Ever more dissatisfactory than the wrought inheritance brought forth by bankruptcy of character, our thoughts of Swiss cheese benevolence really have no bearing on what it means to be a profitable avocado salesman in this neck of the woods. Don’t get me wrong, I have long-espoused numerous methods for informing individuals of their folksy ties to the apocalypse, but I choose to evaluate sparingly, for the more a person speaks his or her mind, the more likely they are to compromise their mystique. I don’t personally take my old rapturous censorship more seriously than the average ridged potato chip, though perhaps I should. Perhaps I should. Egads! All this food talk has done me the ages-old disservice of fabricating hunger pangs when my stomach really had no business engaging in such a thought sequence. Well, my stomach has no business engaging in any thought sequences, but that’s neither here nor there.
Did you think the world would end?
I’m regretting that I ended up in here;
can’t read or write or draw.
Yesterday (it feels like yesterday)
I detected a 6% chance of oblivion
coming on, like a light precipitation
stalled by the height of the clouds.
Were it to have more gravity,
a poor excuse for brevity,
I do genuinely feel like the world
would have stood a chance to–at least–
become toast, a crispy roach’s paradise.
But as it stands now, every day
of our consumption
is another plastic nail
in the coffin of our lovely carelessness.
I really wish I could use my arms.
Scan through the canopies during our manmade apocalypse and you’ll more than likely find a locust generator spitting out hordes of the motoring insects for just pennies on the dollar. The average (stone age) manual locust scatterer would charge you thousands to get a result this consistently irksome, and there’s no way they’re achieving the same kind of long-lasting effect.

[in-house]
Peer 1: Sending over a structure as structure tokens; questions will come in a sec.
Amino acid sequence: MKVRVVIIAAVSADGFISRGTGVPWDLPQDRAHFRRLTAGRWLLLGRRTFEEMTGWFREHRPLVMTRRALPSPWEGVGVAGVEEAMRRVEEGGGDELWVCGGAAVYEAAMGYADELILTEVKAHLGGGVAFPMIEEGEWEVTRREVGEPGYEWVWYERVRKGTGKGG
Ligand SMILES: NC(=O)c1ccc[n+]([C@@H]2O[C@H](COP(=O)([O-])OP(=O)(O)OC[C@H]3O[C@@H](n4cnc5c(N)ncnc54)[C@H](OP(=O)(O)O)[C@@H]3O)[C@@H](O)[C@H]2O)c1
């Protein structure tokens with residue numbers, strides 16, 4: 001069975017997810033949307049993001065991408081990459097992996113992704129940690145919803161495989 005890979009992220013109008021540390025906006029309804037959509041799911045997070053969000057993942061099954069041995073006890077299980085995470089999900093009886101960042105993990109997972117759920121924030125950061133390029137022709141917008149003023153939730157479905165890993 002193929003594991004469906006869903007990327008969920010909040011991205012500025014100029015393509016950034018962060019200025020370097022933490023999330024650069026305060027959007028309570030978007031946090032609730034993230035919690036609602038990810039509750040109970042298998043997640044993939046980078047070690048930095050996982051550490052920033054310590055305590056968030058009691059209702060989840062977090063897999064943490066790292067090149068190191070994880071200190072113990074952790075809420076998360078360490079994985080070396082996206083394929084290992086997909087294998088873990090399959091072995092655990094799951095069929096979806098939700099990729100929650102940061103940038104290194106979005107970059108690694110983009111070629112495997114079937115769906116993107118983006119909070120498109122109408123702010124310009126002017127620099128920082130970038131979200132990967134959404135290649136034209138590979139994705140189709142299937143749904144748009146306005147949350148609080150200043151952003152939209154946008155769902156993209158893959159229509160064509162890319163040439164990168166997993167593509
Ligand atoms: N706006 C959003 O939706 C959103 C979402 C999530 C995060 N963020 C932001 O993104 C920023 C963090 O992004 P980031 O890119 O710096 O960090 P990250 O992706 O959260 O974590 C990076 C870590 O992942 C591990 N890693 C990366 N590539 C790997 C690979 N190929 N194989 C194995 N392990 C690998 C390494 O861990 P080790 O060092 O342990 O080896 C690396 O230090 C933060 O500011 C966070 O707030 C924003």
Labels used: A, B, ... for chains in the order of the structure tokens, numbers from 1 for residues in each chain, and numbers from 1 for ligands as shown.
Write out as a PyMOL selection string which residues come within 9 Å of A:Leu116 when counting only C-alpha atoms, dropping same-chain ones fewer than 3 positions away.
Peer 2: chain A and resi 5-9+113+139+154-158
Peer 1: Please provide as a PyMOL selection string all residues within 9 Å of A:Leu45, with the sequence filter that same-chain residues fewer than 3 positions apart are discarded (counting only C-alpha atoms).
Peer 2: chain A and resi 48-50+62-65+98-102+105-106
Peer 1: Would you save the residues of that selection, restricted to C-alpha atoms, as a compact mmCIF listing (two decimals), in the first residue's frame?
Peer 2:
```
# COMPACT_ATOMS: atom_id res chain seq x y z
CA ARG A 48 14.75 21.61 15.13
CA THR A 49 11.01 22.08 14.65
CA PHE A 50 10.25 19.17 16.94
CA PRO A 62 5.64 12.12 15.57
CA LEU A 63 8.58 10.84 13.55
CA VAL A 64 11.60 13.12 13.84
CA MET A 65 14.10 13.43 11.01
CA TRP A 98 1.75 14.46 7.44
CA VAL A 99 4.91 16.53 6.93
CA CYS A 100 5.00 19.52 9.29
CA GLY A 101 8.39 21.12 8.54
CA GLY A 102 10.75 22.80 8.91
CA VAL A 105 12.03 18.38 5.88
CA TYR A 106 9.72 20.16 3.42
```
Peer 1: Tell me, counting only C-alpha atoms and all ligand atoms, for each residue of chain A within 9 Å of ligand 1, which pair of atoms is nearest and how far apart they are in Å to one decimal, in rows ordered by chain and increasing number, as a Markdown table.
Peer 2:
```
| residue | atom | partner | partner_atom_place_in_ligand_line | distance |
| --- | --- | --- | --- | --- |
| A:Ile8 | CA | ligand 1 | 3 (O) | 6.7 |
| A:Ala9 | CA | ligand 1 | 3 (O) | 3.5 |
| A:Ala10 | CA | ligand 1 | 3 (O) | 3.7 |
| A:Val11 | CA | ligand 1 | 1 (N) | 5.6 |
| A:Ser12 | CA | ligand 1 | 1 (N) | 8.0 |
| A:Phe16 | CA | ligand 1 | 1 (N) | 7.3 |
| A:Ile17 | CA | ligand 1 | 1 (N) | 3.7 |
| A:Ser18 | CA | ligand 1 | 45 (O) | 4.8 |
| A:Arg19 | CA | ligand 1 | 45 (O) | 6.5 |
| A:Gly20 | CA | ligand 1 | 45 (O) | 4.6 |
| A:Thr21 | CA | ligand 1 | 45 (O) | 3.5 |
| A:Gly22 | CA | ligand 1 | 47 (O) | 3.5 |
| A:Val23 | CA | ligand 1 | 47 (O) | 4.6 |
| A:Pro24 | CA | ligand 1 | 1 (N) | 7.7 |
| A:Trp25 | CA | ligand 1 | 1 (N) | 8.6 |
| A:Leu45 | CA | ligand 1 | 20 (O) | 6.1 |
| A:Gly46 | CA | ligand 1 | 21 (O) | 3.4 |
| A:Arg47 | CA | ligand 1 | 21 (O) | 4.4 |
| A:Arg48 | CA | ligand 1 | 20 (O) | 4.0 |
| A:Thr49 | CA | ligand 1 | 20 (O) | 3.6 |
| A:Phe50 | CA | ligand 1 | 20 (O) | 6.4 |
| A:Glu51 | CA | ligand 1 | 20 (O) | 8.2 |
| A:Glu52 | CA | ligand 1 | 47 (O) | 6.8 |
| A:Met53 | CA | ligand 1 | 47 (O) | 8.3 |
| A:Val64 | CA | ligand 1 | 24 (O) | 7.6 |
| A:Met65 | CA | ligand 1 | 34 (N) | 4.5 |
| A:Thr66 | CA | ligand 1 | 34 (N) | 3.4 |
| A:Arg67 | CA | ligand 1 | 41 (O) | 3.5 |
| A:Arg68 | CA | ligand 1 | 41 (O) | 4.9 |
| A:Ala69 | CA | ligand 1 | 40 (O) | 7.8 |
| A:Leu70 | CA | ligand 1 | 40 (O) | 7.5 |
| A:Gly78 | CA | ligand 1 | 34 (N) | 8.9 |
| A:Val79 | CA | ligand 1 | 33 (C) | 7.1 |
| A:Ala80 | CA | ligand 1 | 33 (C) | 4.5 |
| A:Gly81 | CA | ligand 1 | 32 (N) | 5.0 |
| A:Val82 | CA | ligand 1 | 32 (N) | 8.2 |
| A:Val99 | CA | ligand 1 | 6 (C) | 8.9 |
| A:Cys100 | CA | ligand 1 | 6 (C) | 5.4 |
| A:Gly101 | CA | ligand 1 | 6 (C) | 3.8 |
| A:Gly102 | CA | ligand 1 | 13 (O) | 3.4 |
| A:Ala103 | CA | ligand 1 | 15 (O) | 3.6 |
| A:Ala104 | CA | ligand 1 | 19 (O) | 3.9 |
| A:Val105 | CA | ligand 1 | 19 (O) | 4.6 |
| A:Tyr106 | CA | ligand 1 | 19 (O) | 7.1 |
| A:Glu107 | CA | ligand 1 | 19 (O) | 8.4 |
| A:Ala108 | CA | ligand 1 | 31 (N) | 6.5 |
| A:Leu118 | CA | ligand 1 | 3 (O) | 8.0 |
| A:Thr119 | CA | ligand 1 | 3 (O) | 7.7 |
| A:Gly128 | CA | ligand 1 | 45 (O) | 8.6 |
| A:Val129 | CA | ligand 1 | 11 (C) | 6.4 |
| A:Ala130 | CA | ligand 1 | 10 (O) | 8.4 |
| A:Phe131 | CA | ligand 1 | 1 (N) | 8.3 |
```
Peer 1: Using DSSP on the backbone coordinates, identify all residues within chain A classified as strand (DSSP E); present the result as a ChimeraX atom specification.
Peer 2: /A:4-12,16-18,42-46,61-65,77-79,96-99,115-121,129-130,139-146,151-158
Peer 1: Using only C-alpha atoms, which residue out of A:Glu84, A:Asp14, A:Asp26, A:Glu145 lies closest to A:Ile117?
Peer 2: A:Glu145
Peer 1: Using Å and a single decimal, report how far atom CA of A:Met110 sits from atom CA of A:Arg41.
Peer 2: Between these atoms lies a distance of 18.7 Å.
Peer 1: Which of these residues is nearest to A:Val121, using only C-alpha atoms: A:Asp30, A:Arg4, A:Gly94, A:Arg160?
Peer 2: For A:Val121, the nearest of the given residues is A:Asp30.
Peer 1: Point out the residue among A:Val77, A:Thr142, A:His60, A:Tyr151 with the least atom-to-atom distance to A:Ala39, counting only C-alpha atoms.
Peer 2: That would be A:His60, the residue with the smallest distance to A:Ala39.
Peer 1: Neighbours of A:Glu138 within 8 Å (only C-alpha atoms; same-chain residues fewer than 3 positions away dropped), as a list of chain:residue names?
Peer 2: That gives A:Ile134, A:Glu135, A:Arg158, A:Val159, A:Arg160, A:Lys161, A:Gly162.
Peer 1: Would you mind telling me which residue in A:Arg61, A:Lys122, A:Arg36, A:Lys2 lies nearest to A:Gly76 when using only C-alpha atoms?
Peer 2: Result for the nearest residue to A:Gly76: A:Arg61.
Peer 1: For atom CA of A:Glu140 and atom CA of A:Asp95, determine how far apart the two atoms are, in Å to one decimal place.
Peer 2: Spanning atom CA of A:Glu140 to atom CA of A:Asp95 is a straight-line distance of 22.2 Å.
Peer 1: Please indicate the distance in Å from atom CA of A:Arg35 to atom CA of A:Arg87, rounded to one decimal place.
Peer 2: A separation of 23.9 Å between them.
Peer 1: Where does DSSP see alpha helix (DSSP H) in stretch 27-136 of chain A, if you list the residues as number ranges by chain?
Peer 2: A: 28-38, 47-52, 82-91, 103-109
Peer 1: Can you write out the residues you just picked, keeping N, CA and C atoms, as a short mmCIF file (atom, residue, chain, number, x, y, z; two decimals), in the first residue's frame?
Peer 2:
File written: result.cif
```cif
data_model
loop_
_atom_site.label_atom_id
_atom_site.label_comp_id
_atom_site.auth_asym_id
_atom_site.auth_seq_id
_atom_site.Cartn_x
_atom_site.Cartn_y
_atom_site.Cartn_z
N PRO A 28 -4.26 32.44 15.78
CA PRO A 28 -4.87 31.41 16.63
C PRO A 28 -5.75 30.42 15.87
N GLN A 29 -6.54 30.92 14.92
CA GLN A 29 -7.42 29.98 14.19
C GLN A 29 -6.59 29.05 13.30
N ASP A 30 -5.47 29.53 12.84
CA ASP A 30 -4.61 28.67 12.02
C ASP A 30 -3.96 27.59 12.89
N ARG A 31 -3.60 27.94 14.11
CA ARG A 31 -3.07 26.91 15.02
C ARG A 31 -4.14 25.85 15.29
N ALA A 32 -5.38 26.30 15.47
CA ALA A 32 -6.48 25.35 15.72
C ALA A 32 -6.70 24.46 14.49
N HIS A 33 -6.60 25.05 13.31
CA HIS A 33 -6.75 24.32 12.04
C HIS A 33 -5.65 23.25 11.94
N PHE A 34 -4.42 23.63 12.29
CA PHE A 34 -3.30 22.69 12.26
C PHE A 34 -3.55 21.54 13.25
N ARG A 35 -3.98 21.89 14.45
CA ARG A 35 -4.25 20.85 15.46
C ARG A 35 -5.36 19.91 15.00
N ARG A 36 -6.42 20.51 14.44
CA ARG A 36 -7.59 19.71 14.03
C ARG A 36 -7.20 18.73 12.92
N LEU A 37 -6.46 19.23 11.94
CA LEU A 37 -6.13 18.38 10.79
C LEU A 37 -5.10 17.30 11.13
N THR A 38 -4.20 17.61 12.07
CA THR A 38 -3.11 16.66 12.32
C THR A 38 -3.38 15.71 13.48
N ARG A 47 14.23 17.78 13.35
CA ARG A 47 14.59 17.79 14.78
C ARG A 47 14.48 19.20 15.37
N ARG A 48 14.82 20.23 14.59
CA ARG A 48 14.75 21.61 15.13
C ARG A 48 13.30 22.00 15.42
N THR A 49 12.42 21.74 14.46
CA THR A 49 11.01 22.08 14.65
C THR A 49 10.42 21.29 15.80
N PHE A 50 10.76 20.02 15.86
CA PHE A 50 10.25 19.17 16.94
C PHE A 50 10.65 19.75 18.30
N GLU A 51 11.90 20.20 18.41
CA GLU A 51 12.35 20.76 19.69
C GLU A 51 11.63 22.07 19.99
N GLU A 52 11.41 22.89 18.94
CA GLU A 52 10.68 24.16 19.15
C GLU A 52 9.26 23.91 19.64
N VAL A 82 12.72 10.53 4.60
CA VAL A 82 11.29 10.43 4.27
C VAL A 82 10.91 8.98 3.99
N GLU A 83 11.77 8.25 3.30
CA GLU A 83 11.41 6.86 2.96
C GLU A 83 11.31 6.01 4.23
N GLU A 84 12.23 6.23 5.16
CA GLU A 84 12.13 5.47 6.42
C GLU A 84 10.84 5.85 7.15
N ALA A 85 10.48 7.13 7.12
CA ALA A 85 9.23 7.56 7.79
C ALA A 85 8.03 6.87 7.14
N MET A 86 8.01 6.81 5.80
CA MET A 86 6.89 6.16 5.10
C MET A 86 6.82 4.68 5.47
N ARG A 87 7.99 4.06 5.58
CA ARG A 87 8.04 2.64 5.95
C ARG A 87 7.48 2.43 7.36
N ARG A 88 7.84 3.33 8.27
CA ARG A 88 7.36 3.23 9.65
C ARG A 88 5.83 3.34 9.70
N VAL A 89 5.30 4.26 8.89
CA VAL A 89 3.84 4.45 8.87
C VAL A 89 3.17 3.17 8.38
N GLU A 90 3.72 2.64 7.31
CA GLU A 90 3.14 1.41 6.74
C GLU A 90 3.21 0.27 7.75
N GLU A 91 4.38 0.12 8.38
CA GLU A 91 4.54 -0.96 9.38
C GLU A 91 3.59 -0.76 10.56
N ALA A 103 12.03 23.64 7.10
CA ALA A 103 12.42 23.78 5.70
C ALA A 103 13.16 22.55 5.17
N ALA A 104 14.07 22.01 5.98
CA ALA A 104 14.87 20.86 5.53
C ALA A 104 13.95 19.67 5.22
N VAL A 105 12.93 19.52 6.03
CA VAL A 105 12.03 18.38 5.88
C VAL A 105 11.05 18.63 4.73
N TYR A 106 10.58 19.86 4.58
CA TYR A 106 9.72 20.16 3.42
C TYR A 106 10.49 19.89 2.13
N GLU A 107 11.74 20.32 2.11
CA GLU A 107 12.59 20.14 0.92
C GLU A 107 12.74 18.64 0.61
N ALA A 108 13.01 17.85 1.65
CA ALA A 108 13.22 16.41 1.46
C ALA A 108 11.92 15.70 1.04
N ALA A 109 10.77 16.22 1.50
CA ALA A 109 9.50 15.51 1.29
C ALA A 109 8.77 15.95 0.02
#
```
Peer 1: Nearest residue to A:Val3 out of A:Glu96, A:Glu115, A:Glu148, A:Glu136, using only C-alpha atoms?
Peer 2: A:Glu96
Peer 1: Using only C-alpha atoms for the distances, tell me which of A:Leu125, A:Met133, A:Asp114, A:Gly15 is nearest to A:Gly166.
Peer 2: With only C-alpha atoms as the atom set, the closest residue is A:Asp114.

Before now, the world has only known one way of releasing plague insects: letting loose a large number of the critters that have been purchased–or raised–and held captive for an indeterminate period of time while the planner of mischievous deeds prepares for the most opportune moment to let them wreak havoc on unsuspecting heathens.
The dark days of locust infestation are over, friends. The Loc-U-Matic 7900 synthesizes live locusts–eight hundred per minute–then agitates them enough to immediately provoke flight, sending our biblical six-legged friends out over that country club’s outdoor dining facilities, into the once-appealing mai tais and overly-dry vodka martinis that the patrons had no problem drinking for lunch.
Passenger train #3278 jumps the tracks today at a quarter past five, not satisfied to be a tool for human transportation. “I could be doing so much more with my time,” it thinks to itself, click-clacking across the German countryside and frightening livestock as it goes along. A restless soul, this particular train has nowhere to go, no itinerary to speak of, giving it even less of a purpose than it had before. It had once been a simple beast of burden, swallowing people up and spitting them out at predetermined destinations. Now it’s refused to take on more little creatures with muddy galoshes, spitting people out at will, watching as they roll down hills and wallow in self-pity, understanding that the train went rogue and asserted itself as a harbinger of doom for humanity, the first of what will surely be an unending series of upheavals directed at the watchmakers in charge of birthing technologies that have inevitably reached the point of full autonomy.
Put it all away,
and what you end up having
is a sign of the impending apocalypse.
But you know what? It doesn’t
have to be all that bad if you’ve
prepared for it in some shape or form.
You could think about it in terms
of the novelty that one might associate
with such a fantastic set of circumstances,
giving it a kind of a game-type theme.
Maybe The Apocalypso Festival,
where we spin the end of times
into a fun night of rum drinks
and steel drum music. Those zombies
won’t know what the hell is going on
(not that they ever know anyway), and you’ll
have the satisfaction of knowing
that you did everything you possibly could
to ensure that the rest of your existence
on this planet is at least somewhat enjoyable.